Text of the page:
Quantifying the effects of data augmentation and stain color normalization in convolutional neural networks for computational pathology.
D. Tellez, G. Litjens, P. Bándi, W. Bulten, J. Bokhorst, F. Ciompi and J. van der Laak
Medical Image Analysis (2019)
Stain variation is a phenomenon observed when distinct pathology laboratories stain tissue slides that exhibit similar but not identical color appearance. Due to this color shift between laboratories, convolutional neural networks (CNNs) trained with images from one lab often underperform on unseen images from the other lab. Several techniques have been proposed to reduce the generalization error, mainly grouped into two categories: stain color augmentation and stain color normalization. The former simulates a wide variety of realistic stain variations during training, producing stain-invariant CNNs. The latter aims to match training and test color distributions in order to reduce stain variation. For the first time, we compared some of these techniques and quantified their effect on CNN classification performance using a heterogeneous dataset of hematoxylin and eosin histopathology images from 4 organs and 9 pathology laboratories. Additionally, we propose a novel unsupervised method to perform stain color normalization using a neural network. Based on our experimental results, we provide practical guidelines on how to use stain color augmentation and stain color normalization in future computational pathology applications.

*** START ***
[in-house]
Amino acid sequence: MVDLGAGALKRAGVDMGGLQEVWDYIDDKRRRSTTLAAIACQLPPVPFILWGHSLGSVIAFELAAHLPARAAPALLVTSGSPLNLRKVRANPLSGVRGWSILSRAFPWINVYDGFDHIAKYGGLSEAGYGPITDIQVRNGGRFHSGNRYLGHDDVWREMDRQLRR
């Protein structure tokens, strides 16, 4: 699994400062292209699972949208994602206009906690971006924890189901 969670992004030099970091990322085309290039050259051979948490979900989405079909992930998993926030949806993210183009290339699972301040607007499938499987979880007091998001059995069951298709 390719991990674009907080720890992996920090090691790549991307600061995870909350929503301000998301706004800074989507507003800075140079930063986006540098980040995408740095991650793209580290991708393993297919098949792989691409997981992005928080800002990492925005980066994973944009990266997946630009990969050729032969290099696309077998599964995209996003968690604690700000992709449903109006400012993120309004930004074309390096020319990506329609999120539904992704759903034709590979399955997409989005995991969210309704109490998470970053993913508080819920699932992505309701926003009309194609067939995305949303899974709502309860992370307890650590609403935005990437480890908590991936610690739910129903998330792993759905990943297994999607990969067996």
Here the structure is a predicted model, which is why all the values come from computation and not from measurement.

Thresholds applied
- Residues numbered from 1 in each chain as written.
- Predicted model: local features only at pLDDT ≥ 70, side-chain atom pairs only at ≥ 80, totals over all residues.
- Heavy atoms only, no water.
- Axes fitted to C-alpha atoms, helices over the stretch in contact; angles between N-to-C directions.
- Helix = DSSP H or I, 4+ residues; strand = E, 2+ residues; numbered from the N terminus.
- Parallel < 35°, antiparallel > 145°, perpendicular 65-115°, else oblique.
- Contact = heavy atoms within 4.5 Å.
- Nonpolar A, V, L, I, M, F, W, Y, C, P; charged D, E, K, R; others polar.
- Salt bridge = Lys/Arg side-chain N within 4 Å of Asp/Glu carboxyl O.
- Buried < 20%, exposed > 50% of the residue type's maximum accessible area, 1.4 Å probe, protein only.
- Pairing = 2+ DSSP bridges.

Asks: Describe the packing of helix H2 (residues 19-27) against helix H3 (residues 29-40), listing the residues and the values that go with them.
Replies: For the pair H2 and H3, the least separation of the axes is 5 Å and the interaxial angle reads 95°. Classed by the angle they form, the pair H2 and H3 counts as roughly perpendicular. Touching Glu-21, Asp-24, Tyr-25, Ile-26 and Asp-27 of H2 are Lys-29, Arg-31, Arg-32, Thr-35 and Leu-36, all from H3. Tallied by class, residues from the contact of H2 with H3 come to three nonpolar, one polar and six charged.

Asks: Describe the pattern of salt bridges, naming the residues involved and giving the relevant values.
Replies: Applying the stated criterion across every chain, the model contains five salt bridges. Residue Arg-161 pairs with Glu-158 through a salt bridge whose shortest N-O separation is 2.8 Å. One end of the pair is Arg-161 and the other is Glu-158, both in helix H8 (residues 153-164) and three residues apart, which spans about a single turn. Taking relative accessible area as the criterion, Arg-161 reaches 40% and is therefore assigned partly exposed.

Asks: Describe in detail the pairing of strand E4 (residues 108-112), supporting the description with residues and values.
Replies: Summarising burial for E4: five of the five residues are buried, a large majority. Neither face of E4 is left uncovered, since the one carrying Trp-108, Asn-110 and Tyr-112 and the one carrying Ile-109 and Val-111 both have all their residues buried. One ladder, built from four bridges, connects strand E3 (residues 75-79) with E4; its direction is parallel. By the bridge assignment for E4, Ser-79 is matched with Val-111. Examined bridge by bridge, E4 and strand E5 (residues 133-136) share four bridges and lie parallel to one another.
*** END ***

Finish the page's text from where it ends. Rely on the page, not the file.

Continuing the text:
A pdf file of this publication is available for personal use. Enter your e-mail address in the box below and press the button. You will receive an e-mail message with a link to the pdf file.
An email message containing a code and instructions to download the following paper has been sent to your email adress.